I like to think I’m okay with peace,
a slower pace,
I like to think I’m okay with quiet.
However, sometimes I really struggle with wanting a schedule, order, and to be that terrible b-word:
Busy-ness means productivity in our culture, but does it mean the same thing for our hearts? If we continue to live lives consumed with scheduling and time-consuming practices that serve very little purpose to our well-being and spirit, what are we doing to our souls?
Does micro-managing our lives down to the nth degree serve our hearts well? Are we able to grow closer in our faith if we don’t even give our schedules wiggle room for things that feed our spirit, like quality time with our friends or significant other?
Spontaneity does not always come natural to me.
I love being adventurous and doing things out of the ordinary for me, but that often means that I’ve researched the adventure and figured out all the logistics of said adventure before I actually take the plunge of starting that adventure. For example, last week I took a day to explore the city of Denver while I am out here on my clinical rotations. I could have just have woken up and driven around until I found a coffee shop to study at and then let my adventurous spirit lead me the rest of the day to find fun things to do, but I didn’t. I searched Yelp and found the top coffee shops in Denver, then narrowed my search to Pearl Street, then decided on Steam Espresso Bar. I even premeditated the fact that I was going to go to the Denver Art Museum and figured out the cost of admission if I wanted to go see this particular temporary exhibit on French female impressionistic art.
As you can see, spontaneity isn’t natural for me. However, adventures are and I’m beginning to learn that not having every minute of every day planned out gives you the freedom to be present in each moment.
For the first time in a long time, I don’t have a set schedule and the perk of that is I am able to be still more often than not.
Stillness doesn’t equate to unproductive time. It doesn’t mean that you aren’t doing something that fulfills you. It means you are doing something that FILLS you.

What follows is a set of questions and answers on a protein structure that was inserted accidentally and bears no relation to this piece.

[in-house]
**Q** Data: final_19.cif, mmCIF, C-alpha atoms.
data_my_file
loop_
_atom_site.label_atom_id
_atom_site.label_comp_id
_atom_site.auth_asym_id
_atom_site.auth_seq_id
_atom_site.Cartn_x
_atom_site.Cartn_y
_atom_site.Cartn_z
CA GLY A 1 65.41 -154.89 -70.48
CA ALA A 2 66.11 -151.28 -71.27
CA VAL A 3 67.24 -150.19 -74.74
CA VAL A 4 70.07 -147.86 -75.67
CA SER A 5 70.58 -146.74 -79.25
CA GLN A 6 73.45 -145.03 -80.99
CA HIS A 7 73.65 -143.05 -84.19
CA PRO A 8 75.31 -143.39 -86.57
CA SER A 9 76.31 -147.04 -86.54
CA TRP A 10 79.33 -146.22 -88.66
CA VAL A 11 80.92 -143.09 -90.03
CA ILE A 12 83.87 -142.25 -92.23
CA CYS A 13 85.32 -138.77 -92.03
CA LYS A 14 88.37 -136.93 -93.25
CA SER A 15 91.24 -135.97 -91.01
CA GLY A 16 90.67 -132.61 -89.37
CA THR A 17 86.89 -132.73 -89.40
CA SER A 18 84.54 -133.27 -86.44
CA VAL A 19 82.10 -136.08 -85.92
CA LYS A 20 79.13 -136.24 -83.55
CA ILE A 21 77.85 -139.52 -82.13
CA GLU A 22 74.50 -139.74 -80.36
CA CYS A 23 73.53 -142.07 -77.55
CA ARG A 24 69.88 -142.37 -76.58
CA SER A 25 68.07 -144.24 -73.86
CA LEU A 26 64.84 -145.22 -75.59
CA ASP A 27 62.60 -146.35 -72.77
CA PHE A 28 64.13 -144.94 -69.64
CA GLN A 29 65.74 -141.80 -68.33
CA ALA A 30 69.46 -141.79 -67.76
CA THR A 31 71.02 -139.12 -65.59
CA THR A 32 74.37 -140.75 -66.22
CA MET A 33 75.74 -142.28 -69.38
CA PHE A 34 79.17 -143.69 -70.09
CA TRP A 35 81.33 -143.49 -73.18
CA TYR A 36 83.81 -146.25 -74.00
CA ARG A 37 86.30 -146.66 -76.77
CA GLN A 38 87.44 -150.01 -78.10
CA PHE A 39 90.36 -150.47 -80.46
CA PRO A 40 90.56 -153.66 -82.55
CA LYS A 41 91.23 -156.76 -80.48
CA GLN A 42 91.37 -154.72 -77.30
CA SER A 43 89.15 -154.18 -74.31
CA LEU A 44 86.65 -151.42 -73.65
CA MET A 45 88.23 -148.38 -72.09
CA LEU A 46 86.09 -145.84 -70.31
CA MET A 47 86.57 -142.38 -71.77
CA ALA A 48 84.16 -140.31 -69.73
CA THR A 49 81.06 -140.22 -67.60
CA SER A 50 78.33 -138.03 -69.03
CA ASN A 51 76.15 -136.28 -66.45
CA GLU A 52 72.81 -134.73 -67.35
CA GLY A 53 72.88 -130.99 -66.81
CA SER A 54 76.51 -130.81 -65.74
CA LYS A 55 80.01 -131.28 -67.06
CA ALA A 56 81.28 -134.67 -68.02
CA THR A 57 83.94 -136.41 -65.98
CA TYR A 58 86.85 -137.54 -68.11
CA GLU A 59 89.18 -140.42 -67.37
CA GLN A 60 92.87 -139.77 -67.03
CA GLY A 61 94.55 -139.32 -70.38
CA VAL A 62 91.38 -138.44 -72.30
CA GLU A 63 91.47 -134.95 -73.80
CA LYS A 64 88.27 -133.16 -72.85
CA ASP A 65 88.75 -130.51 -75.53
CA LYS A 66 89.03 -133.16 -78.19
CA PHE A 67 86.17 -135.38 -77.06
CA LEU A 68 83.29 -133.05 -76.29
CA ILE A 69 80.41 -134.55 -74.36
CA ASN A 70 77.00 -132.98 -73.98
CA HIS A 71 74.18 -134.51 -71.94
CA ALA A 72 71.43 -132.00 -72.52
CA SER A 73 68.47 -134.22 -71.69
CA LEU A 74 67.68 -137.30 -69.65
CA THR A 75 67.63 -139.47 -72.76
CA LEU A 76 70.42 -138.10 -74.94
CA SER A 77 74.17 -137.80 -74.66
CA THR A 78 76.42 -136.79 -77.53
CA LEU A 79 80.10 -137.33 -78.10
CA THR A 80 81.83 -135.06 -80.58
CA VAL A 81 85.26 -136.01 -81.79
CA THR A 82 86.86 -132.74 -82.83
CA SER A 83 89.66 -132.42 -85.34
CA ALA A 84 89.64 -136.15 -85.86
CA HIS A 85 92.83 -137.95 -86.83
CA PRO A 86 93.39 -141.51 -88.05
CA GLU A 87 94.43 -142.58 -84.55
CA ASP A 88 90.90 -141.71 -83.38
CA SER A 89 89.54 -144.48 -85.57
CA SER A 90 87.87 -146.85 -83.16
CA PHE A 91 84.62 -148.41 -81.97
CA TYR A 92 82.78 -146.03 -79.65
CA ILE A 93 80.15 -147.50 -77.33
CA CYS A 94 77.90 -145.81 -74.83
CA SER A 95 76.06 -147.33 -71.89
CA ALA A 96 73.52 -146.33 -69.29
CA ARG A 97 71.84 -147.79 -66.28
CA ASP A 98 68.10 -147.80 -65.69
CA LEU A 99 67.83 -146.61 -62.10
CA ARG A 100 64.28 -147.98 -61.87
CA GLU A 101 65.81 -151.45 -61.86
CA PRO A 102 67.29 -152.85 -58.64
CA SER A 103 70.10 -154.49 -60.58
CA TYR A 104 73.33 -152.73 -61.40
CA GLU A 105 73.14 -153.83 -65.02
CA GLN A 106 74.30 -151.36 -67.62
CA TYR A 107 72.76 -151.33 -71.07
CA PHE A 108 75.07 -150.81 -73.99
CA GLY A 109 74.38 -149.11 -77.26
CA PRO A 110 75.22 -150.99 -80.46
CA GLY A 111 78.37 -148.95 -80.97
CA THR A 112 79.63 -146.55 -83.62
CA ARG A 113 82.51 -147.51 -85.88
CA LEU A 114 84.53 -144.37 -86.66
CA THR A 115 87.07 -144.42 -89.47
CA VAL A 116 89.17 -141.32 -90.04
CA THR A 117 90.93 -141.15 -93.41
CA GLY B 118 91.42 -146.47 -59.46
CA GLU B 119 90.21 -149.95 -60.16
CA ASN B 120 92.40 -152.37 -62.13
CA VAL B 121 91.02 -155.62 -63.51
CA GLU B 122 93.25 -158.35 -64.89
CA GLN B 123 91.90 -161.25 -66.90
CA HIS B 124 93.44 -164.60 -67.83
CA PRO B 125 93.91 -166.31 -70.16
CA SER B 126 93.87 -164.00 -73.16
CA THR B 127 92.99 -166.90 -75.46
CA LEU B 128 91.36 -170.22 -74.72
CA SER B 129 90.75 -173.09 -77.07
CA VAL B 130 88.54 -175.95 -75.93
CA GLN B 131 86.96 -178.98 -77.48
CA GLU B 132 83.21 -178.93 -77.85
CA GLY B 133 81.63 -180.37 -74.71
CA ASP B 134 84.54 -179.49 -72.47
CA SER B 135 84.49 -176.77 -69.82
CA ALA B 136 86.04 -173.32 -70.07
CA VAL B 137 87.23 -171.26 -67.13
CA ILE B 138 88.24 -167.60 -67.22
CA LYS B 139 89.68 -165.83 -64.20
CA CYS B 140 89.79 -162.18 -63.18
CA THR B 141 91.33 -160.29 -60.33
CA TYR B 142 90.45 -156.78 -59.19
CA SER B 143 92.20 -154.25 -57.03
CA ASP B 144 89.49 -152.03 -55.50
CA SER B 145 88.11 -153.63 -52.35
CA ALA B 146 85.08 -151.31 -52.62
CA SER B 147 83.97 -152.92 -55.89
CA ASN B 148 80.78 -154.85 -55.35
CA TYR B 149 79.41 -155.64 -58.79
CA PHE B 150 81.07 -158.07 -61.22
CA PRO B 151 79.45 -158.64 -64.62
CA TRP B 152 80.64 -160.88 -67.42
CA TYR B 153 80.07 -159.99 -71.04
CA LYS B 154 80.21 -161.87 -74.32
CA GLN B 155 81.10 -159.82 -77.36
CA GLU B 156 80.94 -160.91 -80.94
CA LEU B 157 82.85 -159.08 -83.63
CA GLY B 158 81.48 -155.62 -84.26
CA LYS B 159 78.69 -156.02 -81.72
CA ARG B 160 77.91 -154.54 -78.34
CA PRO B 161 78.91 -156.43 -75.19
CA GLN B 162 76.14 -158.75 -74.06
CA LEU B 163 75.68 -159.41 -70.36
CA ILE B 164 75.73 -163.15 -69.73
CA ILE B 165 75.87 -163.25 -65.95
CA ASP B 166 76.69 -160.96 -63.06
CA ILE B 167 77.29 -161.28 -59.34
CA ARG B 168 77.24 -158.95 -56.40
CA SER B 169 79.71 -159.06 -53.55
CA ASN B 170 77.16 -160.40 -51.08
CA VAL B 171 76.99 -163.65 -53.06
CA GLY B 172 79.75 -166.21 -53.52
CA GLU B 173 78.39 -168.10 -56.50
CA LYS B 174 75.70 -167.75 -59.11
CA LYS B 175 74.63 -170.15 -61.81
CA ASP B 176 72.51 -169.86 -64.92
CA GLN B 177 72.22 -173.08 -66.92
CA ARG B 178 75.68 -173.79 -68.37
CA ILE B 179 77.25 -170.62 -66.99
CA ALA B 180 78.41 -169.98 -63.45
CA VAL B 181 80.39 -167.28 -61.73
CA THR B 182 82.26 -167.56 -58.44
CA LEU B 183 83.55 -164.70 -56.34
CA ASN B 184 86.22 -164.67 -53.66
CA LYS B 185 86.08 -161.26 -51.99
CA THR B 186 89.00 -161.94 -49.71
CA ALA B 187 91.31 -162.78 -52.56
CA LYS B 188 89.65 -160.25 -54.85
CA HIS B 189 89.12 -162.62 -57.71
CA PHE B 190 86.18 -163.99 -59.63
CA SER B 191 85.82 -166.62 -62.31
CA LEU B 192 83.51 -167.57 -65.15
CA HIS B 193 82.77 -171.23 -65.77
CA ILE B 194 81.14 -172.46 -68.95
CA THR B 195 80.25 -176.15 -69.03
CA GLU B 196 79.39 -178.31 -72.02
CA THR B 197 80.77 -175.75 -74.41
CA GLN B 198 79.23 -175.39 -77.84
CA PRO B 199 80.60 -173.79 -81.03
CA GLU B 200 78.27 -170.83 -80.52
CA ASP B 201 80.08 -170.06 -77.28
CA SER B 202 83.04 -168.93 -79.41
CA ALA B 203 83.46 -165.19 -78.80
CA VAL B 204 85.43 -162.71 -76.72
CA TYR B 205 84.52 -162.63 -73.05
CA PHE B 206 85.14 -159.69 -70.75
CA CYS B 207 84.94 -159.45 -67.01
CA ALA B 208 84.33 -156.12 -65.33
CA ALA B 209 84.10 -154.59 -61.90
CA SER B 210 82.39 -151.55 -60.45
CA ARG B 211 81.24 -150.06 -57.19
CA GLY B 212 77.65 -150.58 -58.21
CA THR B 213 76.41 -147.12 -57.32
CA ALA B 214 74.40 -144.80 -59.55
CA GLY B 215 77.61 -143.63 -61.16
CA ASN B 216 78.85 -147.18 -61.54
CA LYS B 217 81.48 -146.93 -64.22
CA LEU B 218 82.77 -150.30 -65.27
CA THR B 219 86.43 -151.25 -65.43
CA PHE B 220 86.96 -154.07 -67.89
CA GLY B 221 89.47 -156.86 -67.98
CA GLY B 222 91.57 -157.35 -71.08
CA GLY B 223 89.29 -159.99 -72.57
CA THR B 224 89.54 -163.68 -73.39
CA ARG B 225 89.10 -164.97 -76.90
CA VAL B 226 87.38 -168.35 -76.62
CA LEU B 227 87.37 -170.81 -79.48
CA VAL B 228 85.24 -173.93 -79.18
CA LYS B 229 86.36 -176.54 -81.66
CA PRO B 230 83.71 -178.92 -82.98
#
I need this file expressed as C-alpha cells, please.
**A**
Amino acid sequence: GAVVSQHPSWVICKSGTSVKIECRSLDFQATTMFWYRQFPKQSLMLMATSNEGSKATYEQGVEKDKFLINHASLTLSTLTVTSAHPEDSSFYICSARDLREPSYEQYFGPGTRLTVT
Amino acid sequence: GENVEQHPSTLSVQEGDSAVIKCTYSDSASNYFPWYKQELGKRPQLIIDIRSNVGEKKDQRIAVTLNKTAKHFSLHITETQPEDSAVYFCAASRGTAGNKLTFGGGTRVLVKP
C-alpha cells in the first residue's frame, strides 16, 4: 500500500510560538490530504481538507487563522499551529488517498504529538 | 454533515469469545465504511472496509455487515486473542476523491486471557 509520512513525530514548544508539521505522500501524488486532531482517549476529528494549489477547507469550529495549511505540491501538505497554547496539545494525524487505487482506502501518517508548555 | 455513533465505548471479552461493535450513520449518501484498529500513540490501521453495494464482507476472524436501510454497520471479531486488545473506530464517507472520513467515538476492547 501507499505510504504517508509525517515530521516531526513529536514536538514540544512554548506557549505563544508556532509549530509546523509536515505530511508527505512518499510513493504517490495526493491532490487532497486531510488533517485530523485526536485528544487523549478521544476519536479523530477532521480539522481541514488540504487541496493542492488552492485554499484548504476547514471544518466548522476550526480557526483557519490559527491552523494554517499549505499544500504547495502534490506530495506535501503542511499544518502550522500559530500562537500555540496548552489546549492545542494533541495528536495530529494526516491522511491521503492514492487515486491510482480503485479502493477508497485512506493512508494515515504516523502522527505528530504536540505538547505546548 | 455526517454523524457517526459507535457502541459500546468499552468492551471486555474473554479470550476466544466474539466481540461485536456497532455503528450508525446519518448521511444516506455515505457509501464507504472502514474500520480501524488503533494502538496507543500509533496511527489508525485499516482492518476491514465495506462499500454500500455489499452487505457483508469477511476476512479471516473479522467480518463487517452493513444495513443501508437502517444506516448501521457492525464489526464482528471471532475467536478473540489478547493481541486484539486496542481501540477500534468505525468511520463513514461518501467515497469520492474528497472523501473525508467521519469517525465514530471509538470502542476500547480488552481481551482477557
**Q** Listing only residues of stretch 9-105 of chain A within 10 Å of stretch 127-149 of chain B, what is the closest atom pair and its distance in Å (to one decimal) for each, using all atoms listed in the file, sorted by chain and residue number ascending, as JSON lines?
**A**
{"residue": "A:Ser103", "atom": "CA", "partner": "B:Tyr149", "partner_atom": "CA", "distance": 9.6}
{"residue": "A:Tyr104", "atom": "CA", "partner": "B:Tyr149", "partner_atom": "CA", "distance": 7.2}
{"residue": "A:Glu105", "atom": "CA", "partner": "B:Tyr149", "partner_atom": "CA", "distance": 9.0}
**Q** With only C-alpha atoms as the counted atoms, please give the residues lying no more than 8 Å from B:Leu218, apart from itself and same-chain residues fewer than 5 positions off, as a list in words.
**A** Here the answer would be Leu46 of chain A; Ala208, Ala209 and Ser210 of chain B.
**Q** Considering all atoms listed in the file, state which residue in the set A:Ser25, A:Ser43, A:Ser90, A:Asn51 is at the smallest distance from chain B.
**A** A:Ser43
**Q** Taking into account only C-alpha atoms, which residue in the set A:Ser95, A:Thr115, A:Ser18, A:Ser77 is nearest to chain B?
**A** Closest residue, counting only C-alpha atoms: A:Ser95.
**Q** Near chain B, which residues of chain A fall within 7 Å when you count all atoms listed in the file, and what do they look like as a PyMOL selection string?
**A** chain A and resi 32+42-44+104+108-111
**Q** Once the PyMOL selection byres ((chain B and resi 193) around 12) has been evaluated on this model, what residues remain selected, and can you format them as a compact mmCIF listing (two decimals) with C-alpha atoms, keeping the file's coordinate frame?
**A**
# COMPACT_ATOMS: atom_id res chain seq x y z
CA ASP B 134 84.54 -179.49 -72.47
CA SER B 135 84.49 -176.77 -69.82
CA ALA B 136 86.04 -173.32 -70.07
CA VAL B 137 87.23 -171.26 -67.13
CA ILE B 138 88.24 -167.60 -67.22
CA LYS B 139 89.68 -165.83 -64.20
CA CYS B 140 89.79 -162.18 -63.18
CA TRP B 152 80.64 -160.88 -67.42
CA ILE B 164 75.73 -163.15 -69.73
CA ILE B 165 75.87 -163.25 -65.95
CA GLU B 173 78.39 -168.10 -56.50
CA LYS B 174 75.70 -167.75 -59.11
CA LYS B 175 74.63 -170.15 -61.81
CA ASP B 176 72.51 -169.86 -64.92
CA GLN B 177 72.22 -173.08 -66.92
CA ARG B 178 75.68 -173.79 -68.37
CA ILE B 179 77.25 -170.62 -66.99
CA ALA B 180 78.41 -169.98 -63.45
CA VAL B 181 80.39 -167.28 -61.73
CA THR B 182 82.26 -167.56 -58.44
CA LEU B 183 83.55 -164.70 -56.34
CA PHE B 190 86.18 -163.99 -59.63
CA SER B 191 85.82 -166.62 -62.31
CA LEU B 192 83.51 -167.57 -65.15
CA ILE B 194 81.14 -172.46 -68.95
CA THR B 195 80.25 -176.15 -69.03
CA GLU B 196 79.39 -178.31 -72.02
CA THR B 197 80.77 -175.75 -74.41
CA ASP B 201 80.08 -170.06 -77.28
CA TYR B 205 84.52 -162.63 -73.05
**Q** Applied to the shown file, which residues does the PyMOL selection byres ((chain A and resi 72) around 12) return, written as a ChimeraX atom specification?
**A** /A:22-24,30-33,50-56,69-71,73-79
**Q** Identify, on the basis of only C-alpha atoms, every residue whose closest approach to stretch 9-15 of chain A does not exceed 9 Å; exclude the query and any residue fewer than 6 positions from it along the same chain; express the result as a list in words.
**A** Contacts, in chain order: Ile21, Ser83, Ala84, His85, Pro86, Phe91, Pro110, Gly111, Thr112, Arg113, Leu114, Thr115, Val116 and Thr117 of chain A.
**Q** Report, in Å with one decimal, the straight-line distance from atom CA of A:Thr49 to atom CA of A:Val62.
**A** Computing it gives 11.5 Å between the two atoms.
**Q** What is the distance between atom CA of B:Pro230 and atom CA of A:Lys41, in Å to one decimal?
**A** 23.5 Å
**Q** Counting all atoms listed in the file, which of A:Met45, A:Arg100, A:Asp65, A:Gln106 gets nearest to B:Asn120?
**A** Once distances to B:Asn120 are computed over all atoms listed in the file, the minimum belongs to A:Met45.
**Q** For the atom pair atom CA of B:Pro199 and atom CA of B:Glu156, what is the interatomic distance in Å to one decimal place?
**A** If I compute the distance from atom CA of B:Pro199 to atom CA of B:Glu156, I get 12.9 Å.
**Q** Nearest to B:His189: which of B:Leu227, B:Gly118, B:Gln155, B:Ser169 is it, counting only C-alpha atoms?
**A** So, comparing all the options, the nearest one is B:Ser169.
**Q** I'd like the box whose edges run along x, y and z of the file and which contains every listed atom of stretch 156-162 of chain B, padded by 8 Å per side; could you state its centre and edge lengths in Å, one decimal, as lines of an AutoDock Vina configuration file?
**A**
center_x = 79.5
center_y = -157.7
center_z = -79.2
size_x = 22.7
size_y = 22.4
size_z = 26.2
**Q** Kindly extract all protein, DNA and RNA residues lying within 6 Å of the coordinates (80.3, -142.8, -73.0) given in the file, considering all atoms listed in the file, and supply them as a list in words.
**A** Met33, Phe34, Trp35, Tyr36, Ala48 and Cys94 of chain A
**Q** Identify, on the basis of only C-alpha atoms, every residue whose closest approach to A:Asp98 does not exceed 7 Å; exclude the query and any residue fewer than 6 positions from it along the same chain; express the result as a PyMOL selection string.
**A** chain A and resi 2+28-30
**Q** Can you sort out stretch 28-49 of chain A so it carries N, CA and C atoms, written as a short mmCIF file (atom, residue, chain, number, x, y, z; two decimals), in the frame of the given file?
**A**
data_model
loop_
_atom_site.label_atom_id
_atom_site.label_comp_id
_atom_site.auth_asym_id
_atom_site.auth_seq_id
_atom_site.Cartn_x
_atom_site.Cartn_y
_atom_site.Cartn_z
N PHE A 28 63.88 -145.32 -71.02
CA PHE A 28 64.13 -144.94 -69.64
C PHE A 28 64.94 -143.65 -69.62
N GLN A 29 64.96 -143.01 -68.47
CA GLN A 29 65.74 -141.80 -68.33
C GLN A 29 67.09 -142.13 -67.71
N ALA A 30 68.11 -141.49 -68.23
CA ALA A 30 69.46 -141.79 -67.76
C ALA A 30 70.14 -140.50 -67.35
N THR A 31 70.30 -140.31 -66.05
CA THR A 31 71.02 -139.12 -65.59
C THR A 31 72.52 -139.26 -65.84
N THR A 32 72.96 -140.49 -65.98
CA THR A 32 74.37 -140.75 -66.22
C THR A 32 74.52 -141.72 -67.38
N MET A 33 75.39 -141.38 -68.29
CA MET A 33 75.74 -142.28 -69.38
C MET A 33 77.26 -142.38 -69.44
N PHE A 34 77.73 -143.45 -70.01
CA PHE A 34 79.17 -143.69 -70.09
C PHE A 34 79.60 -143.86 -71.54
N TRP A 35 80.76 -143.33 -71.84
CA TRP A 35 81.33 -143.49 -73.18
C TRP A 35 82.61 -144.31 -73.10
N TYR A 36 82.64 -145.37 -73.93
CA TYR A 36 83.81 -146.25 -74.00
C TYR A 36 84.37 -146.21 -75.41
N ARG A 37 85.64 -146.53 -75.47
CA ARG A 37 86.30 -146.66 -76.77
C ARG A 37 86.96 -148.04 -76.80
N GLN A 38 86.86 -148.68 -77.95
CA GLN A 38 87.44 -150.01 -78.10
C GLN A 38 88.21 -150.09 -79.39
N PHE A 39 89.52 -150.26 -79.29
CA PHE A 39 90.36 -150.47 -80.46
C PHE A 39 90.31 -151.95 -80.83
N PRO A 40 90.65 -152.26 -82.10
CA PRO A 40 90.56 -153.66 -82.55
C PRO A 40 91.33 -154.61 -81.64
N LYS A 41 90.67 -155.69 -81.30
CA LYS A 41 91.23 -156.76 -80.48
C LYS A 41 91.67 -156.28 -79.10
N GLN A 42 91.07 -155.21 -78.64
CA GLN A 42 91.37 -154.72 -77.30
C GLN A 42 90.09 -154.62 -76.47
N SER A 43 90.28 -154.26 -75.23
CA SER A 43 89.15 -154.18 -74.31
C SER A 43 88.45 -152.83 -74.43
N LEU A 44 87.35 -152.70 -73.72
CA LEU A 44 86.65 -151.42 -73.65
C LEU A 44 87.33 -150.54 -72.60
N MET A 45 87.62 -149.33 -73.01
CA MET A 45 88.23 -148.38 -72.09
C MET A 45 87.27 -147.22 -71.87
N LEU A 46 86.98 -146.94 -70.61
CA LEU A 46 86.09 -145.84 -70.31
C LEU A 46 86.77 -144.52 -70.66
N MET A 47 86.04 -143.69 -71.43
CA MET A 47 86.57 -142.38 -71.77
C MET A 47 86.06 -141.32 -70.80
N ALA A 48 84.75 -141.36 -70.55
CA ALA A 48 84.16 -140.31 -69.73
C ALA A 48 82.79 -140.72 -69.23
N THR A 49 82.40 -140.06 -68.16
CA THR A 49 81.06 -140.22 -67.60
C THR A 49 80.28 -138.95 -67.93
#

We need to value taking time to be.
One of my favorite books of the bible is the Psalms. No matter what you are struggling through or working through mentally, physically, or spiritually, the Psalms provide encouragement and wisdom for it. And in Psalm 46:10 it says,
“Be still, and know that I am God.”
We feel God’s presence more fully in the stillness. We experience more of his goodness and person in peace and solitude. We can’t listen to his voice if we are being bombarded by the world. From the moment we wake up, we constantly have a million different voices vying for our attention. Alarms buzzing, family asking what they should wear to work, radio hosts telling us about the next big music hit, co-workers wanting to know what you did this weekend, background music playing at the dentist’s office…the voices never end. But making room for stillness is what God calls us to do to understand him more and to grow in deeper relationship with him.
How can you do this practically?
Take time to look introspectively at how you live your day-to-day. Are there moments when you are alone, the phone is off, or the door is closed that you can utilize as moments to spend in stillness with God? How about in the car or early in the morning before everyone in your house wakes up, take advantage of those moments and spend them in stillness either in prayer or digging into God’s word.
He will speak, we need only listen.
I started listening to an audio bible in the car by using the free YouVersion app and that has significantly altered my mood during my daily commutes in the car, because I am enriching my time with God’s truth. Wake up a few minutes before your spouse, roommates, or children and dig into a daily devotional. Ask God to be a part of your day from the very beginning of it and see the fruit that will follow.